Perdy's barking increased in intensity. The shag simply acted like he or she was ignoring the hairy Kraken. I wondered if the bird was sick. A lady and her dog were starting to become interested in the events on the beach. They approached. She quickly realized that the scenario was likely to engulf her and her dog, and she led her fur-baby away, on-leash, whilst informing me of a pathway, of kinds, where I could descend, and thus remedy the situation that was rapidly approaching ... meltdown.

I scrambled down the bank, hoping I would not end up the victim, unceremoniously splattered like guano on the rocks. I made it safely to the beach, where the two were at a stand-off. Perdy barking and making threatening advances, each time closing in on her 'prey,' while I prayed that I could avoid a feathery funeral. I had to get the shag to move, fly away ... to get the heck out of there. Thoughts of some chooky friends at my house who had since departed, with the help of Perdy, filled my thoughts. Please move little shag!

I approached, not so much cautiously, ... I WANTED the shag to depart ...immediately. "Shoo little shag ... begone,' I pleaded. My actual words contained a few expletives.
The shag must have understood ... finally. With a flap of its wings, it lept into the sea, not flying, but swimming ... away from the Kraken. Perdy was furious. She followed and they started heading towards Miranda, about 10 kilometres on the other side of the Firth of Thames!

Oh-My-God. 'Perdy ...Come back I yelled,' as she paddled out to sea. Thoughts of sharks, her drowning, me following and drowning ... it is true that at moments like these, your thoughts race along multiple pathways, most of them irrational. I was immersed in indecision. The lady was long gone. I could not see anyone, because the back screened me from the sight of people in the park. I WAS ALONE.

I continued to yell at Perdy. By now she was at least fifty metres out to sea. She stopped, looked back at me, then continued after the shag, then stopped again, looking a  bit undecided. She swam in small circles, the shag calmly swimming further out. Finally, Perdy started swimming back towards me. I held my breath, my lips massaged  by 'Mr Worry.' She turned again, trying to see where the shag had gone. It was about a hundred metres away. Maybe she couldn't see it, because it dived from time to time, emerging in a different place, possibly confusing Perdyy as to its whereabouts.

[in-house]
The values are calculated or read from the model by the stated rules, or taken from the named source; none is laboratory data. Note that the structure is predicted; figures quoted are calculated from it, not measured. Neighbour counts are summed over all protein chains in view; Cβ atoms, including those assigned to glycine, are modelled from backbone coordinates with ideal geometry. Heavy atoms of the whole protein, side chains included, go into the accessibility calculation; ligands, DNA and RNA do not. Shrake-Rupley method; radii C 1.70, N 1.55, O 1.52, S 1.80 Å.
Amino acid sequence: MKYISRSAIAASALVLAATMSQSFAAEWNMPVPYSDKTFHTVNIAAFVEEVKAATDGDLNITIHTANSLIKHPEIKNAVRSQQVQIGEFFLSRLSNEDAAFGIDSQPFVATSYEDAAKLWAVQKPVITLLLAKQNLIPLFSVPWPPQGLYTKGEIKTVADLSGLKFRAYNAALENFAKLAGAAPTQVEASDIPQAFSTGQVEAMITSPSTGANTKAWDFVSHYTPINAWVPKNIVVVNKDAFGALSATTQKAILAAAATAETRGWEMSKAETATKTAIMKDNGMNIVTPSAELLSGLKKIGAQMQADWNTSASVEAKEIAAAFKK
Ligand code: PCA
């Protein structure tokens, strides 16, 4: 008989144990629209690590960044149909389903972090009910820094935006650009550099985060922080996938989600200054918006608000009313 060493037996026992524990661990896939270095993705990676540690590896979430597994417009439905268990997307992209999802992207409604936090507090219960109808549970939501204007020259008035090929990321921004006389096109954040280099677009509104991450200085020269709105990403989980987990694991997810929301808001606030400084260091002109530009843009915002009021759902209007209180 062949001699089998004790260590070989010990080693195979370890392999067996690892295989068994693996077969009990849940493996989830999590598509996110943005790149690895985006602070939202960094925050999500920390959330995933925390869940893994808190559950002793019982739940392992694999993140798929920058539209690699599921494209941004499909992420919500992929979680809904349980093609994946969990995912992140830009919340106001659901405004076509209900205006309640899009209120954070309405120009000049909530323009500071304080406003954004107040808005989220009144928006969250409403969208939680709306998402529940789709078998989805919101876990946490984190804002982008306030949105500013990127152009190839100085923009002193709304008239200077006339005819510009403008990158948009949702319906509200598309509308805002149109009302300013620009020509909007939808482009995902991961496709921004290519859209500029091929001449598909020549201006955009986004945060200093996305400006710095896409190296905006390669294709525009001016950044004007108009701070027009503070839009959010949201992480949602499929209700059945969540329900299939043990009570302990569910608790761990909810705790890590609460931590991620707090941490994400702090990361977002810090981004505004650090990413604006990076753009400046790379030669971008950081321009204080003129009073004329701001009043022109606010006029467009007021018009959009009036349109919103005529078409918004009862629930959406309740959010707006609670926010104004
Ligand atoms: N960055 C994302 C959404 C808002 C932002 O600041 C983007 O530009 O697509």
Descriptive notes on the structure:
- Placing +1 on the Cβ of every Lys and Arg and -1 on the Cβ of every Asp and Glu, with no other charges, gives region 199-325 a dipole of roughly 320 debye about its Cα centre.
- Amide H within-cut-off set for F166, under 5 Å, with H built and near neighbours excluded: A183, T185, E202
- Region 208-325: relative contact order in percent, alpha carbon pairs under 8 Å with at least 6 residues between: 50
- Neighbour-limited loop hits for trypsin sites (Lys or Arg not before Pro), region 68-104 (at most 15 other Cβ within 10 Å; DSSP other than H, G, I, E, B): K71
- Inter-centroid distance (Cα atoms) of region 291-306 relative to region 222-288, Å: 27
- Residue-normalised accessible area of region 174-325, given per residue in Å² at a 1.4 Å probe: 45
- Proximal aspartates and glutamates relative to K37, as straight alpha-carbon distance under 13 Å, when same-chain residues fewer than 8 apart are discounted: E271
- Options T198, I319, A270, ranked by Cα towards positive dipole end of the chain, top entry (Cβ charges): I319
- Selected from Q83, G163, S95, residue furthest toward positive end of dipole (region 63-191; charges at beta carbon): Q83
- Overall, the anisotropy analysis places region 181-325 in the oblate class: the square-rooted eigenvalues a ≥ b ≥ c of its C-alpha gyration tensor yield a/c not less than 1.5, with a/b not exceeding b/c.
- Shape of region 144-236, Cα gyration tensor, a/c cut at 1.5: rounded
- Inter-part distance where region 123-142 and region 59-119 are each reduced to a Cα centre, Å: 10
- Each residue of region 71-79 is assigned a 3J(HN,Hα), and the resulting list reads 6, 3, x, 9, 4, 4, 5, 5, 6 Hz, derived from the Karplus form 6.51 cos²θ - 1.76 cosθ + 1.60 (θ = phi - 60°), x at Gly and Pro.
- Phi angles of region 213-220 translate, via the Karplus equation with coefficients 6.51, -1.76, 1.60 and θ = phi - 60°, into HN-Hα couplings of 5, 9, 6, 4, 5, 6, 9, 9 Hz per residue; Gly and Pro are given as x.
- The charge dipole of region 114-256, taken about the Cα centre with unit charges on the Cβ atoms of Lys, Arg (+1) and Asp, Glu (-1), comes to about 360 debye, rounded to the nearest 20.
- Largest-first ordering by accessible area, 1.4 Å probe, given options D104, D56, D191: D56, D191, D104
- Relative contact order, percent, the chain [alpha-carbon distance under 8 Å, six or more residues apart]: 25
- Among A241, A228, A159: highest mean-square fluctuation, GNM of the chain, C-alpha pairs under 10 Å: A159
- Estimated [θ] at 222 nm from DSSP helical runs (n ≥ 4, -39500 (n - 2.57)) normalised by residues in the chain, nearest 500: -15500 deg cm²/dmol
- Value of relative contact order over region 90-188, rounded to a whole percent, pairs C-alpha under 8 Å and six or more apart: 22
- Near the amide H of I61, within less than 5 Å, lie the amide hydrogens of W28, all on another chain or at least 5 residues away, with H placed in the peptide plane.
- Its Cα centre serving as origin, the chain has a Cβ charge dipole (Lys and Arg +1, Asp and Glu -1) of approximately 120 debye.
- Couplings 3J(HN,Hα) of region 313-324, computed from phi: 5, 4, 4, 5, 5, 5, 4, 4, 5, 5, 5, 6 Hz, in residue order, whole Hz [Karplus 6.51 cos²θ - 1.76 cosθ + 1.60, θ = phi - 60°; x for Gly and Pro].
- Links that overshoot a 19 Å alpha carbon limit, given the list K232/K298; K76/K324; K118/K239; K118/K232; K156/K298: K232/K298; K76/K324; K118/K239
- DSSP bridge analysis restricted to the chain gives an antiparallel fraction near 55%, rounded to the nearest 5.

Perdy gave up and continued to paddle her way to shore ... to ME, where she clambered over the rocks, shook herself off and meekly let me attach her leash. Her look said it all. 'I'm back Daddy ... it was soooo much fun."

Yeah right, girl!

PS. I came upon the lady who had witnessed the start of the 'event.' We talked and I learned that she too was an author. We had a most useful discussion about 'publishing books,' and I exchanged numbers and saved a contact. I thank her for encouraging me to follow through and send the script for Sons of Orpheus to a publishing company in the UK that is asking for submissions.
In the meantime, my book(s) can be downloaded from Amazon books, Just Google  'Sons of Orpheus, Book 1, The Arrival, by Neil Coleman, on Kindle,' and you can follow the links with a click. If you don't have a Kindle, you can get a free APP (Play Store for Android, APP Store on Apple devices.) Download the APP and read my books.

Thursday, January 9, 2020

Australian fires are not so far away from New Zealand.

 For thousands of years, 'fire' has been a 'constant' in The Land Down Under. Fire is part of that which makes up this 'Lucky Land.'  Indeed, fire is necessary for the propagation of some trees and plants. But while nature ruled, there was a balance. The original people, the many different tribes that make up the Aboriginal population, knew how to live with the ever-present threat.

When Europeans arrived they spread across the continent, seeking and taking land, bringing their animals and displacing in many instances, those that were already present.  However, it would be accurate to claim that the vast number of the new human arrivals, to this day, have clung to the 'edges.' Most Australians live in four big cities or within two hundred kilometres of them. Others live in the bush and it is in that 'bush' that living with the threat of fire is never far away, especially in the increasingly longer periods of 'hot and dry,' with the wind bringing about even more danger as it 'fans the furnace.'